We propose a simple and effective variational inference algorithm based on stochastic optimisation that can be widely applied for Bayesian non-conjugate inference in continuous parameter spaces. This algorithm is based on stochastic approximation and allows for efficient use of gradient information from the model joint density. We demonstrate these properties using illustrative examples as well as in challenging and diverse Bayesian inference problems such as variable selection in logistic regression and fully Bayesian inference over kernel hyperparameters in Gaussian process regression.
Naiyan Wang and Dit-Yan Yeung
We study the problem of aggregating the contributions of multiple contributors in a crowdsourcing setting. The data involved is in a form not typically considered in most crowdsourcing tasks, in that the data is structured and has a temporal dimension. In particular, we study the visual tracking problem in which the unknown data to be estimated is in the form of a sequence of bounding boxes representing the trajectory of the target object being tracked. We propose a factorial hidden Markov model (FHMM) for ensemble-based tracking by learning jointly the unknown trajectory of the target and the reliability of each tracker in the ensemble. For efficient online inference of the FHMM, we devise a conditional particle filter algorithm by exploiting the structure of the joint posterior distribution of the hidden variables. Using the largest open benchmark for visual tracking, we empirically compare two ensemble methods constructed from five state-of-the-art trackers with the individual trackers. The promising experimental results provide empirical evidence for our ensemble approach to "get the best of all worlds".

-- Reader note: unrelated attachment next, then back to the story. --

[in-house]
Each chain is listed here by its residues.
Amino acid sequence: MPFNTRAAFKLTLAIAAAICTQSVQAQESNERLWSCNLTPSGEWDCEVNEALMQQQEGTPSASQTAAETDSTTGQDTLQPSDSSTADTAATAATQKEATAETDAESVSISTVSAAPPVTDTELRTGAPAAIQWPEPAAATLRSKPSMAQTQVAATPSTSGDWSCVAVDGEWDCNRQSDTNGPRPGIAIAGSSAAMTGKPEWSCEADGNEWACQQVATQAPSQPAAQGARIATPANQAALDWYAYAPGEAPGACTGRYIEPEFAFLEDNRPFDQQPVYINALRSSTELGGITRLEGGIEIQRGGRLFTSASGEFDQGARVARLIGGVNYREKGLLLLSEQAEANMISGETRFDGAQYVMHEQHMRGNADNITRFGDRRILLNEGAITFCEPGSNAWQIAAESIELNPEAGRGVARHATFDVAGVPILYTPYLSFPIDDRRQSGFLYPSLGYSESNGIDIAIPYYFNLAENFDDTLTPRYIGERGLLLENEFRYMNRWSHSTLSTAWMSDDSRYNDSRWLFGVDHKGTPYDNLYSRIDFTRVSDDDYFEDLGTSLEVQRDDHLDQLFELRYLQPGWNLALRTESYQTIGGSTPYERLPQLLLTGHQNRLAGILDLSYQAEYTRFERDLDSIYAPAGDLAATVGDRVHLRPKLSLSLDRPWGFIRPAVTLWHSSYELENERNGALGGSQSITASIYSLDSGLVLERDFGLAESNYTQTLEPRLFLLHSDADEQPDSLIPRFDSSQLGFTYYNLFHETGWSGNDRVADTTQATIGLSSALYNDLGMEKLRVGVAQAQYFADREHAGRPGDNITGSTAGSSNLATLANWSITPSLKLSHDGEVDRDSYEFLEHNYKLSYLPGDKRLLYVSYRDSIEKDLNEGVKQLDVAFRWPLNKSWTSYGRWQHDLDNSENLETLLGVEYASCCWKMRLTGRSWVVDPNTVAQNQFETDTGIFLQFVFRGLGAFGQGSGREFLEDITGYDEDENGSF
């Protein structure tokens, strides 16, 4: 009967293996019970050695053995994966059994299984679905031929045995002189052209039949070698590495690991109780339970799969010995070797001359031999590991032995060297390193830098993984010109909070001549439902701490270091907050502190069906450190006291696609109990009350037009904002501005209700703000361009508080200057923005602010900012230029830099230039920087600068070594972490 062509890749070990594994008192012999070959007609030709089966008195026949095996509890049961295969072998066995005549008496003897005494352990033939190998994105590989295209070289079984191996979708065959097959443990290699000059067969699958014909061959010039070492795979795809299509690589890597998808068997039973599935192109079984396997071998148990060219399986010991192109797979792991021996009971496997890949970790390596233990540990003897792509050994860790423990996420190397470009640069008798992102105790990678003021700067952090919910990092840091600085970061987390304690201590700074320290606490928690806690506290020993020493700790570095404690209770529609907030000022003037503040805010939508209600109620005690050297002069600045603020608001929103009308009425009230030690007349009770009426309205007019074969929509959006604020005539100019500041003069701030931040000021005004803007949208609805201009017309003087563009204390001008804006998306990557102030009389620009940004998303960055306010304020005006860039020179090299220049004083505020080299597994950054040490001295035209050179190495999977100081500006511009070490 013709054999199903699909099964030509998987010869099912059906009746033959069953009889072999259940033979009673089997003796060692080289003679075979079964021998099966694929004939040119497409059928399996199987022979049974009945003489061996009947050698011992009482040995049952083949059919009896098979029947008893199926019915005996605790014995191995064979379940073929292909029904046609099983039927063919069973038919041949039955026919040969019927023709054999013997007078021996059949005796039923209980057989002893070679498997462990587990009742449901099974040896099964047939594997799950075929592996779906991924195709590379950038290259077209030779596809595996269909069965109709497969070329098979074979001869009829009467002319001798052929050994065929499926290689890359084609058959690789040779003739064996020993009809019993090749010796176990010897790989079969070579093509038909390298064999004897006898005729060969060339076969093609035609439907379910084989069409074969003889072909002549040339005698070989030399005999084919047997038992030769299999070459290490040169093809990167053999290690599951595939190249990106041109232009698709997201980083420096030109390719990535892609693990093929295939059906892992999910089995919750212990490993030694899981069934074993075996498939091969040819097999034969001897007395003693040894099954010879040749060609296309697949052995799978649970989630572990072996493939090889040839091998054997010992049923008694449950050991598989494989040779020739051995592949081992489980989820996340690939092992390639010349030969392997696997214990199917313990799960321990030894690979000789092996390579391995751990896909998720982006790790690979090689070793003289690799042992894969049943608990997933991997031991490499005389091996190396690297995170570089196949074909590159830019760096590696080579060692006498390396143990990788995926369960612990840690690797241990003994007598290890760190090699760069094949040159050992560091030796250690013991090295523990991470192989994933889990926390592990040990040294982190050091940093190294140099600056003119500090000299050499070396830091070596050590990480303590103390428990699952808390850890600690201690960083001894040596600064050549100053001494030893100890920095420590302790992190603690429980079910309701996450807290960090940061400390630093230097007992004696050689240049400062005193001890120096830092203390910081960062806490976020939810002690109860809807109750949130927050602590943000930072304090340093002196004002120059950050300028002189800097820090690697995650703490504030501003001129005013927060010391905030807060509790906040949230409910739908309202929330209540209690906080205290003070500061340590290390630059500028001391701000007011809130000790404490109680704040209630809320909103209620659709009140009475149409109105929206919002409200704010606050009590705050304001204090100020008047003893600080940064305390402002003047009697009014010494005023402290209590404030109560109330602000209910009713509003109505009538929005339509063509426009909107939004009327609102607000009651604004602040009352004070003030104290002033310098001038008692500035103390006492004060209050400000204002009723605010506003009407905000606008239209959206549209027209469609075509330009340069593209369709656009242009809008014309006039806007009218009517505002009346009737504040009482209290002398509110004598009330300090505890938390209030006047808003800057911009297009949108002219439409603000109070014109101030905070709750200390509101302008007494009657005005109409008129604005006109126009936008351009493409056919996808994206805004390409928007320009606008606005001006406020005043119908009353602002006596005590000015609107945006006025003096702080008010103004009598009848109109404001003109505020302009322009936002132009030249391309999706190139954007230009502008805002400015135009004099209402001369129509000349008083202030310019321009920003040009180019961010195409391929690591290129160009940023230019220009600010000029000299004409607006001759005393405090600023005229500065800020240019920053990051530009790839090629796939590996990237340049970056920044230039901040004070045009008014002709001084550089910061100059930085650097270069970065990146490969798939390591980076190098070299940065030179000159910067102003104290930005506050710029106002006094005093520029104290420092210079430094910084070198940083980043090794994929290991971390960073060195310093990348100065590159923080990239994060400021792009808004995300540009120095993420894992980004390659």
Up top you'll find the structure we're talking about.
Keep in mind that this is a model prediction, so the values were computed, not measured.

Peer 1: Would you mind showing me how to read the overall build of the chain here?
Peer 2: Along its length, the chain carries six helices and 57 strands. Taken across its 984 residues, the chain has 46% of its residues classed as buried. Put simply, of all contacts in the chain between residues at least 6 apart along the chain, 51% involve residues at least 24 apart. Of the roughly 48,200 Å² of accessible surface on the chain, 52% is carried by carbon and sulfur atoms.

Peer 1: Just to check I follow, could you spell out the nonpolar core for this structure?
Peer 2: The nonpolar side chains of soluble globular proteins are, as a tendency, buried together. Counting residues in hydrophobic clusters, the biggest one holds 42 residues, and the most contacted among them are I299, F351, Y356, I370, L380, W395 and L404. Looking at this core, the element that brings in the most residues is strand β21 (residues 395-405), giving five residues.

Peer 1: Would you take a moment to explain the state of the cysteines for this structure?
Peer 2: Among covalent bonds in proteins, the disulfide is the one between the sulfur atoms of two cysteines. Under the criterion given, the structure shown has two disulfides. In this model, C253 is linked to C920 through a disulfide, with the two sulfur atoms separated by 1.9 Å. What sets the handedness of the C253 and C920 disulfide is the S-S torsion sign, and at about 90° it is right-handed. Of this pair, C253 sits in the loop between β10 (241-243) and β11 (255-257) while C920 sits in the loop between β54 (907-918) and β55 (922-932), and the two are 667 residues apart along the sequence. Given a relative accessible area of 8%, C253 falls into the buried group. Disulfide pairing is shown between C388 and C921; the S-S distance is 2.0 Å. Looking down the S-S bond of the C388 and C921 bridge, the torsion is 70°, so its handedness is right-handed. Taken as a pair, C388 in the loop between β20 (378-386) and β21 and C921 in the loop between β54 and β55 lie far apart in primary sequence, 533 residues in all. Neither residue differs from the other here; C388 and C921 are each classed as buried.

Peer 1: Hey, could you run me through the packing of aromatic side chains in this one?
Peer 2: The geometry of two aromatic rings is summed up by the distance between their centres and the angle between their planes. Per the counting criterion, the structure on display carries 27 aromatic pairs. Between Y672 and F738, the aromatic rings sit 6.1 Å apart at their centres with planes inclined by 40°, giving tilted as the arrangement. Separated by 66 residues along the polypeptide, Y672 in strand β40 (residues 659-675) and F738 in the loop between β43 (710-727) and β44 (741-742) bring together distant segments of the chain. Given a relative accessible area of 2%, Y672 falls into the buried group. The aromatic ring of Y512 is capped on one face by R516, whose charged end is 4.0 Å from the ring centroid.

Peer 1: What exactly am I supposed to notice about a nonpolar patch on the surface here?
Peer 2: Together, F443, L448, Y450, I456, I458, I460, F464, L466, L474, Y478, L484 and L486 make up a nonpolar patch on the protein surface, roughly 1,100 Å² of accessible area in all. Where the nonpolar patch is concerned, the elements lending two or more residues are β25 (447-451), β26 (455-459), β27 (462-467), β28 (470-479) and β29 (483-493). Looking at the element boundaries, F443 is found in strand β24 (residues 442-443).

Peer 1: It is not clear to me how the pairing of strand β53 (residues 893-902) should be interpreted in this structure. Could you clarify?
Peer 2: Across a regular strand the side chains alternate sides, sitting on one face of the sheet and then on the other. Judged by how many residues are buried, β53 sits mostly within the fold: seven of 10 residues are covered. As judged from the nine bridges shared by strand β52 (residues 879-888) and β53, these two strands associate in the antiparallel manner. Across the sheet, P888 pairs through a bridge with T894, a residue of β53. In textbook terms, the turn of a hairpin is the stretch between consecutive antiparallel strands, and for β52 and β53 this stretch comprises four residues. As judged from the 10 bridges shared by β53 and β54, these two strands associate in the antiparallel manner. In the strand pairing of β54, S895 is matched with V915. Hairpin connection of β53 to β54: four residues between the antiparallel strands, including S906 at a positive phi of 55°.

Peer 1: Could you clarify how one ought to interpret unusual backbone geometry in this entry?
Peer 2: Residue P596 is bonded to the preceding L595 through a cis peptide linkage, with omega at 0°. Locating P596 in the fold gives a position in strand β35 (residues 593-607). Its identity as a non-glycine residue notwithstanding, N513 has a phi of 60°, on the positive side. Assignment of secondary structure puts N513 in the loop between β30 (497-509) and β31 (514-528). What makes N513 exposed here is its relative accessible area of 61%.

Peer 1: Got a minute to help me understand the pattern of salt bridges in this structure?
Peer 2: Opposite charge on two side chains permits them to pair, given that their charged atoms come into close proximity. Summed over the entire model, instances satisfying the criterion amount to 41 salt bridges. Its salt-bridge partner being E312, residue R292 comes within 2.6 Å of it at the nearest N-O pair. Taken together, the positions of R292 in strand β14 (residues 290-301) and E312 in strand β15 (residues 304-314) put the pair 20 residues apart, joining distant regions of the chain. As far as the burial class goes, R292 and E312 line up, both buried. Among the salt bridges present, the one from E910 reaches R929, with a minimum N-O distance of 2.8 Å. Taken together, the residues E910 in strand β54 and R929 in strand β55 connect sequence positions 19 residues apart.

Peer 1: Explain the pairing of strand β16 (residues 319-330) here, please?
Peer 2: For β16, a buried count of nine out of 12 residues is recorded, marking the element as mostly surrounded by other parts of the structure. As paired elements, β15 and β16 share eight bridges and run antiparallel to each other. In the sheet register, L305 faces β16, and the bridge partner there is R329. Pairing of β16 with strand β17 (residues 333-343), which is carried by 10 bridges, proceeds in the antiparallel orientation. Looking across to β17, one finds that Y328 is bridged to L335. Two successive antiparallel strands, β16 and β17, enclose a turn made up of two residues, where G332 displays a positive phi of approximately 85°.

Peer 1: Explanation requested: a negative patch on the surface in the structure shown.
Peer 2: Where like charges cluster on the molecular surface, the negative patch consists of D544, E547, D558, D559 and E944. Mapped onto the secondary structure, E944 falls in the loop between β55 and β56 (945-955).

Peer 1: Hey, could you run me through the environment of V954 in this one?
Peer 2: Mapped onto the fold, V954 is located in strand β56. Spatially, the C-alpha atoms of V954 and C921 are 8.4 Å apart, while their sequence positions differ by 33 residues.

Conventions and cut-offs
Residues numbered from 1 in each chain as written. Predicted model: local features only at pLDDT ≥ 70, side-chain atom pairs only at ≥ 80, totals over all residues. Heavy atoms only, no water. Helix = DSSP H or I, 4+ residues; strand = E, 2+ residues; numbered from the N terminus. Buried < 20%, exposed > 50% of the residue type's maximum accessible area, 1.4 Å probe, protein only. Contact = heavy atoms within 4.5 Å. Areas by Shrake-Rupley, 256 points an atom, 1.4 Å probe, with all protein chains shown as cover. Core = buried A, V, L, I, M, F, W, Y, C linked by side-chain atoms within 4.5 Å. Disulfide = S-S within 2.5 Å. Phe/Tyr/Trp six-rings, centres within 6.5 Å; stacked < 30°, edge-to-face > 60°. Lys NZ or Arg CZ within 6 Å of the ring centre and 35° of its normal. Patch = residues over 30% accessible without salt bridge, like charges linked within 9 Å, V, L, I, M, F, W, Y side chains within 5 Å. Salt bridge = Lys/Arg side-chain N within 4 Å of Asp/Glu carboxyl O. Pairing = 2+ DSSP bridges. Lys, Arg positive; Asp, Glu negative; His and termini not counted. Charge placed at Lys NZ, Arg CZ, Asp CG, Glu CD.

Siddharth Gopal and Yiming Yang
This paper proposes a suite of models for clustering high-dimensional data on a unit sphere based on Von Mises-Fisher (vMF) distribution and for discovering more intuitive clusters than existing approaches. The proposed models include a) A Bayesian formulation of vMF mixture that enables information sharing among clusters, b) a Hierarchical vMF mixture that provides multi-scale shrinkage and tree structured view of the data and c) a Temporal vMF mixture that captures evolution of clusters in temporal data. For posterior inference, we develop fast variational methods as well as collapsed Gibbs sampling techniques for all three models. Our experiments on six datasets provide strong empirical support in favour of vMF based clustering models over other popular tools such as K-means, Multinomial Mixtures and Latent Dirichlet Allocation.
Brooks Paige and Frank Wood
Forward inference techniques such as sequential Monte Carlo and particle Markov chain Monte Carlo for probabilistic programming can be implemented in any programming language by creative use of standardized operating system functionality including processes, forking, mutexes, and shared memory. Exploiting this we have defined, developed, and tested a probabilistic programming language intermediate representation language we call probabilistic C, which itself can be compiled to machine code by standard compilers and linked to operating system libraries yielding an efficient, scalable, portable probabilistic programming compilation target. This opens up a new hardware and systems research path for optimizing probabilistic programming systems.